GLTI.CH Karaoke

To mesh music, performance and collaborative participation is no easy task, yet it’s what artists/writers/wannabe hackers Kyougn Kmi and Daniel Rourke (who’s currently completing his PhD in art and writing practice at Goldsmiths) set out to do in GLTI.CH Karaoke. Most of us have half-baked childhood fantasies about becoming rock stars that we live out in our showers to an imaginary audience. The fundamental human desire to make lyrical noise and its power as an intimate social experience is, perhaps, best seen in the karaoke social phenomenon, which originated in Japan in the 1970s.

The word karaoke originates from the Japanese character kara or “empty” and ōkesutora for “orchestra”. Strangely poetic: empty orchestra. Karaoke’s pop-culture existence feeds on and is inseparable from technology: a dark, faux-luxurious room and microphones connected to the mother womb of the TV screen, which flashes music videos and proclaims lyrics across its face as we belt out songs (badly), sycophants of desire. Why do we do it? Maybe because singing is a cathartic experience, or because it gives us access to our deepest fantasies.

GLTI.CH Karaoke takes this one step further. Their website, Glti.ch (in itself a whimsical play on words), sets out an unofficial manifesto for their intentions:

“Since April 2011 we’ve been exposing the course of accidents, temporal lyrical disjoints and technical out-of syncs. GLTI.CH Karaoke breaches hopeless distances with cultural and technical make-dos of readily available technology, to kluge people together in glitchy songfests.”

Their ultimate aim?

“To bring people together and have them collaborate on karaoke duets. […] Using free versions of Skype, Youtube and collaborative web software TinyChat, we orchestrate duets between people who have never met each other, who don’t speak the same language, bypassing thousands of geographic miles with glitchy, highly compressed data and a bit of patience.”

There’s something altogether wonderful and utopian about the idea of singing together with strangers across the Internet, our voices traveling through electric wires and pixelated through the winds of the earth. Our imperfection is moving, our technological and organic errors a fundamental part of what it means to be homo sapien. Thus, the glitch or “glti.ch”, either aesthetic glitches or broken translation in the filtered collaboration between people, represents our contemporary human condition.

GLTI.CH quotes Iman Moradi, “In a sense we are cherishing the little idiosyncrasies that are absent from the soulless machines churned from the production lines.”

We can read this as a simultaneous celebration of and reaction to the glistening Internet, which brings us together virtually but also limits our interaction with each other in RL. Is this a bad thing? What is GLTI.CH Karaoke, really? Its medium revolves around the Web and site-based events; its outcome encompasses social media platforms, blogs and video compilations. Perhaps what the project ultimately aims to achieve is to forge a new way of seeing, evoking a new simulative way of collaboration with other people in a brave new world.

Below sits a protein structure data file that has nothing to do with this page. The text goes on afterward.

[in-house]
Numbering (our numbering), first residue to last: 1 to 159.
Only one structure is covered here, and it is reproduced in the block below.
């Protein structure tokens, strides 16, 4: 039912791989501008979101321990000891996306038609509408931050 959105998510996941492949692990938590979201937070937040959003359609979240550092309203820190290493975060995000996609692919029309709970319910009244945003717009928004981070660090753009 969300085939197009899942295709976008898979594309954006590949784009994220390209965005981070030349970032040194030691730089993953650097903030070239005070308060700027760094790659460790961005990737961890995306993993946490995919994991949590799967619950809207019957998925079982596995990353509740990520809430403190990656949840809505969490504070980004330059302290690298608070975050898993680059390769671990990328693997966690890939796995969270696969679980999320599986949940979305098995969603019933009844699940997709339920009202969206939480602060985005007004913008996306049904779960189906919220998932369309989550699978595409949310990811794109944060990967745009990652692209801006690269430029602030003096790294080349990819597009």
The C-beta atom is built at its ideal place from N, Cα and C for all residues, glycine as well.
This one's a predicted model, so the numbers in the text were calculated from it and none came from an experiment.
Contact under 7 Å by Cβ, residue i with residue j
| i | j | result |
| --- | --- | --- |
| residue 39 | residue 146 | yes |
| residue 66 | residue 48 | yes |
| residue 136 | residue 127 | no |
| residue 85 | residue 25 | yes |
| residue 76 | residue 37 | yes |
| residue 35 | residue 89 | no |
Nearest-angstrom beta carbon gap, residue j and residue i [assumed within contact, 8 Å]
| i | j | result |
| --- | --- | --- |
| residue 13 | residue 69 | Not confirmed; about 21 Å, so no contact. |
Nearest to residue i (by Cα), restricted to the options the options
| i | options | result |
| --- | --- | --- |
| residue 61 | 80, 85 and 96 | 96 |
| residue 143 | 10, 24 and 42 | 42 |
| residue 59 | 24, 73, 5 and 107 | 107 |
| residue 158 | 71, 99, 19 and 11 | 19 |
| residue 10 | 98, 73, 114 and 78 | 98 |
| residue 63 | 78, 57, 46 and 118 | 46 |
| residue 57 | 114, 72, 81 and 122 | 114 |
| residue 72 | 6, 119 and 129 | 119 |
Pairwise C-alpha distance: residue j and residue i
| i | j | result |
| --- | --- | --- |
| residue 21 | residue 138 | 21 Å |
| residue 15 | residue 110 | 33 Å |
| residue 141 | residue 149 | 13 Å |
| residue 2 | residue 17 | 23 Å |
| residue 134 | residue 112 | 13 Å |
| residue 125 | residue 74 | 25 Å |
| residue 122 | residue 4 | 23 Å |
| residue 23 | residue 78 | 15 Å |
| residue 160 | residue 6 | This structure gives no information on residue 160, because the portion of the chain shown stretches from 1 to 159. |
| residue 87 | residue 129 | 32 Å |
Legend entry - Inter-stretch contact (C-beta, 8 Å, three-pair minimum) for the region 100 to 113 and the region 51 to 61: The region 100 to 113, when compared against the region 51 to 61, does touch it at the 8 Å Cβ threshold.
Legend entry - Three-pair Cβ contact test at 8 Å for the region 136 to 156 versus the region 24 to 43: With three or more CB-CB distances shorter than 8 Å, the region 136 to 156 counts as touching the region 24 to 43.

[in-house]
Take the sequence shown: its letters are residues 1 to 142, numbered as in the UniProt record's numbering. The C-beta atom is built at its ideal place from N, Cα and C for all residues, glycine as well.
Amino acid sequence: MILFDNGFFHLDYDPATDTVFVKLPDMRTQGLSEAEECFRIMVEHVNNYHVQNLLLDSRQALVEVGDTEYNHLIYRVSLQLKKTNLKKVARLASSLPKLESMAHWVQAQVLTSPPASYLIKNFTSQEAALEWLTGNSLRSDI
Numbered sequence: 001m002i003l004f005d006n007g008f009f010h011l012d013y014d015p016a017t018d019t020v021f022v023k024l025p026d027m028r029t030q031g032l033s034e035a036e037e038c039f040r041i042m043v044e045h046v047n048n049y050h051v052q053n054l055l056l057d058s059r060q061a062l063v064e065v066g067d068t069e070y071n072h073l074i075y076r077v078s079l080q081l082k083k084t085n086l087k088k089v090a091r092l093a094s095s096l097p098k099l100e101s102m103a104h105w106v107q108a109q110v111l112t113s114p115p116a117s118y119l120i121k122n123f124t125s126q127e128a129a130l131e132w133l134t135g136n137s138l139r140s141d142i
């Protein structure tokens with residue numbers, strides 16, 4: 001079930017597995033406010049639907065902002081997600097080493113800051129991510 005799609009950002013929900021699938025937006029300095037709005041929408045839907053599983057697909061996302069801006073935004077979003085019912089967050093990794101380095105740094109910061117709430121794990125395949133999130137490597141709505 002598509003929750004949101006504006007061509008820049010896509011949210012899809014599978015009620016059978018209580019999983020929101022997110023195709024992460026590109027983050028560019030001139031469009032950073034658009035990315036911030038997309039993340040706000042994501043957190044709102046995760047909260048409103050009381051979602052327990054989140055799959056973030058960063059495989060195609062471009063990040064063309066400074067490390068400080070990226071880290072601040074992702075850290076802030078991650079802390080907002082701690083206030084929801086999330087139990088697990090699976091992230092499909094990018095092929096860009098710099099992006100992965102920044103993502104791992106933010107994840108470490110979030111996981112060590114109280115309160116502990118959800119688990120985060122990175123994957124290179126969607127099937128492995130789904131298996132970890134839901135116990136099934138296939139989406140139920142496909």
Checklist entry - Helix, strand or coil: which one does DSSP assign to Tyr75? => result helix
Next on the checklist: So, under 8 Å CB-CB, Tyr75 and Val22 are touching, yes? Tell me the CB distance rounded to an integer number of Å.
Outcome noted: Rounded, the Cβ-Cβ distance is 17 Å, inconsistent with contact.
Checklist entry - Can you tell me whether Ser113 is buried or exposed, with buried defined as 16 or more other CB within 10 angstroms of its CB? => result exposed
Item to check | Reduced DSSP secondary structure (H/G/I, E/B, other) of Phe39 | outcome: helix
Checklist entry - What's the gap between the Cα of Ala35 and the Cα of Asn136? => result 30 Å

“GLTI.CH Karaoke not only inhabits the errors, the time delays and compression artifacts, but the ultimate variable of human interaction. Here, we believe, a neutral collaborative space can be mapped out, free to transcend markets, locations, time zones – free to roam between abandoned city basements, student bed sits and internet café laptops. GLTI.CH Karaoke events revel in the slippery nature of the web. Our manifesto asks to be written and rewritten as it gathers cracks, bruises and mistranslation errors.”

Enchanted yet? Read through GLTI.CH Karaoke’s previous events and keep a look out for its next virtual intervention on their website, flickr, twitter, facebook and youtube. Let us know what you think of glitch aesthetics in the comments below.

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About Joey Phinn

My name is Joey and I am a freelance writer, blogger and student currently studying BA Fine Art at Chelsea College of Art & Design in London. I write for GKBCInc and update my own blog, Princeling, with an assortment of art, photography and prose. When I am not writing I enjoy watching Studio Ghibli animations, reading Murakami and obsessing over the beauty of Chinese gourds. Between planning eventual world domination and eventually becoming a “real” artist, I scour the deep web for those shining nuggets of creative talent that shape the undercurrent of British culture today – and, hopefully, our tomorrow.

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